There is also a clear (but not cheesy) theme of the strength of friendship and the power inherent in knowing oneself that runs throughout the book, freshening the whole plot up a bit and helping it avoid descending into a teen version of a politico-psychological thriller.

Also, there’s a creepy bald kid with a malevolent ferret. You’ve got to admit, you don’t see that every day.

Don’t Dip if…

…you’re not into plots that take a while to unfold or plots that have a lot of twists and turns and red herrings thrown in.  I also felt that a lot of the mean-girl type bullying from Ashley and her goons was a bit contrived, given the setting (would super-talented kids trained in mindfulness and meditation locked away in the Himalayas (some since birth) really bother with petty schoolyard antics to such a degree?).  Some of the initial action which results in Bobby’s arrival at the Academy, and his responses afterward also didn’t ring true to me.  I can’t really elaborate much, due to potential spoilers, but Bobby’s behaviour didn’t seem in character for someone who had been through a recent personal trauma.

Overall Dip Factor:

Take a risk on something different.  Despite a few flaws, I was drawn in and despite feeling that I should put it down in a few places, I didn’t and was quite satisfied that I stuck with it because I ended up enjoying the adventure of the resolution.  Plus, Jinx is a cool character.  And of course there’s the malevolent ferret.

In Drawing Amanda we follow “Inky” Kahn as he struggles on entering high school afteDrawing Amandar the recent death of his father in a plane crash.  His mother has left him to his own devices and to manage his grief, Inky turns to his artistic abilities.  Amanda is new to school following her family’s migration from Nairobi to New York, and is finding it more than difficult to fit in amongst the various groups at the international school.  When Inky’s best friend Rungs gives him the link to a website developing a new video game, Inky thinks he might have a chance to show his art to a wider audience. Unbeknownst to Rungs and Inky, Amanda manages to copy the link and also logs in to the game-in-development, Megaland.  When Inky starts submitting his drawings for the game, based on his classmate Amanda’s looks, things start to get  complicated.  And when Rungs delves a bit deeper into the makers behind Megaland, it becomes apparent that things are about to get very tricky indeed.  Unless he can convince both Inky and Amanda of what he has discovered, both his friends may be exposed to more danger than either can handle on their own.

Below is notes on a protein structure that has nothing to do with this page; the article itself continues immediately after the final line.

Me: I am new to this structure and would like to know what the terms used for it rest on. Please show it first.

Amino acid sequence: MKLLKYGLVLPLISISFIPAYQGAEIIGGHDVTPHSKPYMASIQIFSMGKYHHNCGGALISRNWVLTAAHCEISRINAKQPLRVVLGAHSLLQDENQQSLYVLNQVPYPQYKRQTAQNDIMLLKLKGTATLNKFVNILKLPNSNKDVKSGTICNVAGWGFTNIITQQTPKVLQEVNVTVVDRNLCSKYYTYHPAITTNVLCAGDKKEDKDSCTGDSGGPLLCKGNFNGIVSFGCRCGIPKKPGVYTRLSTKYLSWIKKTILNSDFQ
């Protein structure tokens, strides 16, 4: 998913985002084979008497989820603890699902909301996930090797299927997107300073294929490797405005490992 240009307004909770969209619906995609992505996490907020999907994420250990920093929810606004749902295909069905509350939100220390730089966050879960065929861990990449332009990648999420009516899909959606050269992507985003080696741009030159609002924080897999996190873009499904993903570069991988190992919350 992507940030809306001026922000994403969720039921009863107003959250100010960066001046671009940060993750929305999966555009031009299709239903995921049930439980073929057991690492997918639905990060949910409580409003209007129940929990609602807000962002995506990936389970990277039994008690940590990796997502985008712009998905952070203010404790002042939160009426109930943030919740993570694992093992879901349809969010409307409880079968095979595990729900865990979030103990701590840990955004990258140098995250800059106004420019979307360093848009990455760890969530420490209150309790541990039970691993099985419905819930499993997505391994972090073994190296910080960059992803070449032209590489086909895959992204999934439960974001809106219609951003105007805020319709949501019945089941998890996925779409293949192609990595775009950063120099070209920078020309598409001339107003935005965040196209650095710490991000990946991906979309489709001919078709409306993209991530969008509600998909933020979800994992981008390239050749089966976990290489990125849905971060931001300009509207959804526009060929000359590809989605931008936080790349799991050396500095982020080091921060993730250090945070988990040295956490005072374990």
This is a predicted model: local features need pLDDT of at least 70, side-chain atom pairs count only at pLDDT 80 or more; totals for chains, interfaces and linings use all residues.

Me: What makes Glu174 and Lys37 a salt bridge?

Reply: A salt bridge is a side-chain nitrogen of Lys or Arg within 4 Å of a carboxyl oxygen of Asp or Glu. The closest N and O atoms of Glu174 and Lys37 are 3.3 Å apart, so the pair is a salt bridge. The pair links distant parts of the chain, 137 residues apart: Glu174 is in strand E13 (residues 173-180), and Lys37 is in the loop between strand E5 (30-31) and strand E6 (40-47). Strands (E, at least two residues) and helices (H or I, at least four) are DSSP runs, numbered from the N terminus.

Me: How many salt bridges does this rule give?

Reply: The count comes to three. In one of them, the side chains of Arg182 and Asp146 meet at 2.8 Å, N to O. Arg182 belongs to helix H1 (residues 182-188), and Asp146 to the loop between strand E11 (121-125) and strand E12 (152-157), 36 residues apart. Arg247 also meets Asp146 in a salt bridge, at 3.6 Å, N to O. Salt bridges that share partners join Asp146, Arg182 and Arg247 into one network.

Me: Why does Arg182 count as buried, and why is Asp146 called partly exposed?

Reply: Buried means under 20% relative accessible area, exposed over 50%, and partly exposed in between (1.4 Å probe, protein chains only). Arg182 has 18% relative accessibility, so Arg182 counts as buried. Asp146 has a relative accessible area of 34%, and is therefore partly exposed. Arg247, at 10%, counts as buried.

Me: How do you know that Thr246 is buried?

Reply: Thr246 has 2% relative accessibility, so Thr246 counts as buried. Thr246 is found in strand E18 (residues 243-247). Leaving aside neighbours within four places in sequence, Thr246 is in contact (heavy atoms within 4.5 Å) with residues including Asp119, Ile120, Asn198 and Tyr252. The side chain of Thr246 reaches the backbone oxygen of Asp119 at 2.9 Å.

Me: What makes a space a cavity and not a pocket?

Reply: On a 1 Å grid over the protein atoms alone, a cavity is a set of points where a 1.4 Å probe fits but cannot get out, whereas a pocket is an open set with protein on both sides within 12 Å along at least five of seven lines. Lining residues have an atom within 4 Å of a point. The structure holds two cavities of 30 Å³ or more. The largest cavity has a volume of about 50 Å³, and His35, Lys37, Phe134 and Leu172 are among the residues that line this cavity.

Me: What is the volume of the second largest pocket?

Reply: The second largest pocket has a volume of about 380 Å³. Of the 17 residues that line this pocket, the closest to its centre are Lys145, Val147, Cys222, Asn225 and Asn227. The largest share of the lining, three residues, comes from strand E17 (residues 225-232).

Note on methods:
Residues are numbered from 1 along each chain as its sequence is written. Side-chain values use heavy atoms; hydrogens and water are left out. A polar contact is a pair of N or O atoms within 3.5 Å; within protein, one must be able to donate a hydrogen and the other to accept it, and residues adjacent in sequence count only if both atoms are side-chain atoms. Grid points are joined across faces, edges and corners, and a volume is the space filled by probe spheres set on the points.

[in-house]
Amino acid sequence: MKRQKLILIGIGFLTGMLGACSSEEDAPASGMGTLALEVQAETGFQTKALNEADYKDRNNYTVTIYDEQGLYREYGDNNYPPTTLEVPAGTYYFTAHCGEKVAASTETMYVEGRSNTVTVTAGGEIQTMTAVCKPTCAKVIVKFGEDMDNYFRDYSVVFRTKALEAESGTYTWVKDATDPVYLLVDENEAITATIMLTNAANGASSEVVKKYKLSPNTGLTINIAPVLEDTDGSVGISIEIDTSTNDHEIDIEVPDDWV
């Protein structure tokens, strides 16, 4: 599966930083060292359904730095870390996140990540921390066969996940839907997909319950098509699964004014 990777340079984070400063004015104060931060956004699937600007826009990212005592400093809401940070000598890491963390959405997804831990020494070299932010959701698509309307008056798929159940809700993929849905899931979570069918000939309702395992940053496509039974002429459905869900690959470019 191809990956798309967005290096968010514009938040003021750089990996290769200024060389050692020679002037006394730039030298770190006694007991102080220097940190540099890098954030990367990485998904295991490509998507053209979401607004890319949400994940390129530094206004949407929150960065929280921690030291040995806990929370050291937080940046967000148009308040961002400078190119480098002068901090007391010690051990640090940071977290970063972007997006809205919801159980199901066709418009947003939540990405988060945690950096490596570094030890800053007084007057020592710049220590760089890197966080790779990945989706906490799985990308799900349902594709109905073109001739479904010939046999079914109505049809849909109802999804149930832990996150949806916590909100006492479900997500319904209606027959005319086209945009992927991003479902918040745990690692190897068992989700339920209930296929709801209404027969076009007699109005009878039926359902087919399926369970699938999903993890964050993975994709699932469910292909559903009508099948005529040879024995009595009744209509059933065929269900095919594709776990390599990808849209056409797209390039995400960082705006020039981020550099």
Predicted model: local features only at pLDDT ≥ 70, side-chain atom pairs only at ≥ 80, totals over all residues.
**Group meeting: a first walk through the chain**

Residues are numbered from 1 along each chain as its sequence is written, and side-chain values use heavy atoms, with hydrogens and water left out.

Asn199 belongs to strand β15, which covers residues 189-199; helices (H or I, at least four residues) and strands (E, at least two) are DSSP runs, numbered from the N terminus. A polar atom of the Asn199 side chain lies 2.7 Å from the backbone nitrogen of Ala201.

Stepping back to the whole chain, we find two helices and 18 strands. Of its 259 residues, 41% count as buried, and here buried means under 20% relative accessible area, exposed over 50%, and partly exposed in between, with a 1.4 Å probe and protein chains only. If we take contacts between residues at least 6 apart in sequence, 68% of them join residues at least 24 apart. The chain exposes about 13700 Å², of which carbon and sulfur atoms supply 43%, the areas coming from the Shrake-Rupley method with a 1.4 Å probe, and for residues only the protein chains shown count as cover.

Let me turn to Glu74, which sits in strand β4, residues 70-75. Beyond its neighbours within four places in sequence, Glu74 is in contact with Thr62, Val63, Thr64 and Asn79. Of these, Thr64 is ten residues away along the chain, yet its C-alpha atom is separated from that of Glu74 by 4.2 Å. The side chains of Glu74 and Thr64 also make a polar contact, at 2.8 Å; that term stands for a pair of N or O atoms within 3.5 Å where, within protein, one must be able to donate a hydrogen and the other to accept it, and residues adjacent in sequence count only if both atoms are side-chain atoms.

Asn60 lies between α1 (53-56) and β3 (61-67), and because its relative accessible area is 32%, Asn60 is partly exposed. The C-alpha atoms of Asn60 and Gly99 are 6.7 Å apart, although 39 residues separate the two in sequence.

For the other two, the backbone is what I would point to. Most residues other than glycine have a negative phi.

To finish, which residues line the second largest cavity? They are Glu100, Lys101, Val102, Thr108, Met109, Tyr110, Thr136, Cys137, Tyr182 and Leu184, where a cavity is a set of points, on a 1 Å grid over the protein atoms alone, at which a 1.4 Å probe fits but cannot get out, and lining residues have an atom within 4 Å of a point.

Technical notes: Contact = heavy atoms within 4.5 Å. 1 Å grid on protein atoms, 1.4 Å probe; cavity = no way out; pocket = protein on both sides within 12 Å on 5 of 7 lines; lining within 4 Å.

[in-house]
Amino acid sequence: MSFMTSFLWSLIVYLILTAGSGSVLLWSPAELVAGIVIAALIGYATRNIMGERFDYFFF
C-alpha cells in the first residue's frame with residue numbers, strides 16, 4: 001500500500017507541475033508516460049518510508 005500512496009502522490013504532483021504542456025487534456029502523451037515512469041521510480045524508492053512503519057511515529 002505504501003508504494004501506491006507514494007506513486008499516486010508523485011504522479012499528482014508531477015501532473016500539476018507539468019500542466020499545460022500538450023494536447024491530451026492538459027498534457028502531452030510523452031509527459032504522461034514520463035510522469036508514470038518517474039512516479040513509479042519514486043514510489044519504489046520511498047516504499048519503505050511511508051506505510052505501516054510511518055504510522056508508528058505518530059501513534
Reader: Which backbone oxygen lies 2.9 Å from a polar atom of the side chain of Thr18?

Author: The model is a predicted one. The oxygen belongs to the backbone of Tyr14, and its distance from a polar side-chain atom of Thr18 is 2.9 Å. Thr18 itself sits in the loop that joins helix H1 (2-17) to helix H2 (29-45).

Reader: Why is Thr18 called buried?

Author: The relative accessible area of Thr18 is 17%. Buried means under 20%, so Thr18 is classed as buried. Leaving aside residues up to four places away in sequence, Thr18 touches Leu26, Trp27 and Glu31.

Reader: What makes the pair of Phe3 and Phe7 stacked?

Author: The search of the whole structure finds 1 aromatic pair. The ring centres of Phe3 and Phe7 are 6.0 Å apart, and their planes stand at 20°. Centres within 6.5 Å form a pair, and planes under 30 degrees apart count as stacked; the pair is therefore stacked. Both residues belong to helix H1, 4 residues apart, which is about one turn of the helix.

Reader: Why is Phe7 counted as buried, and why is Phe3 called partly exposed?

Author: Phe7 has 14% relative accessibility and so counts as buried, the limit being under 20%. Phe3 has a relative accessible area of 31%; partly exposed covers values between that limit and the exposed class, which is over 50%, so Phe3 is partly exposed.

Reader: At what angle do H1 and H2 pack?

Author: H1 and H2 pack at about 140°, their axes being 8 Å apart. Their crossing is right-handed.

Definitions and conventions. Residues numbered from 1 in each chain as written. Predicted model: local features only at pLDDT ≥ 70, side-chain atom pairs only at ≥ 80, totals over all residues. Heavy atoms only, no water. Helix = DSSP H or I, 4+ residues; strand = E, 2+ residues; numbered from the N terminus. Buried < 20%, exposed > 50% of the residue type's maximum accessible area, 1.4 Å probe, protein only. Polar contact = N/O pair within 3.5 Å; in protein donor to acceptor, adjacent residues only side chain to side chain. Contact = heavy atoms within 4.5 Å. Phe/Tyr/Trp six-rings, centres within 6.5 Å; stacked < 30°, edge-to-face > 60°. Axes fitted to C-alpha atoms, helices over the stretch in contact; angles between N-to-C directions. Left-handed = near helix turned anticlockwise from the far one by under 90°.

Dip into it for…

…a contemporary tale about fitting in, growing up and facing your demons.  This was a nice change of pace from my usual fare because I don’t often read books in the YA category that don’t have some kind of paranormal or fantasy or psychological twist.  This was a very straightforward plot and I enjoyed the simplicity of the story, while also appreciating the various trajectories of character development for the main four characters.  The setting of an international school gave rise to a diverse range of characters and I loved how Feuer managed to seamlessly work cultural and religious backgrounds into the story without making it sound contrived.  I even learned not to show the soles of my feet to a Buddhist if I wish to remain in their good karmic books!

Central to Inky’s character development is the idea of grief and bereavement, and the pressure that can be placed on the bereaved to “move on” and regain one’s former pace of life after a particular period of time has passed.  It was interesting to see this played out with both a male and female character simultaneously in the book, as Inky’s ex-friend Hawk is also recovering from the death of a parent.  The theme of creating one’s identity is also quite strong as Amanda attempts to find a new way of being in a context in which everyone else seems to have already cemented their place.

The underlying plot point about internet safety is played out with a fair amount of realism and Feuer manages to avoid preaching about it, instead demonstrating how easy it is for those who feel emotionally vulnerable to be taken advantage of by someone they think they know.

Don’t Dip if…

…you’re looking for anything particularly fast-paced or with a focus on action or romance.  It aint’ here.

There is however a fair chunk towards the end of the book that deviates from the main story arc and focuses on the main characters’ major assignment for the year.  While this section was interesting in itself, I felt it popped up at a weird place in the story because Rung’s investigation into the Megaland maker had just become exciting and this deviation slowed the pace a little bit.  This wasn’t reason enough to abandon the book by any means, but you might want to watch out for a few asides now and then.

Overall Dip Factor: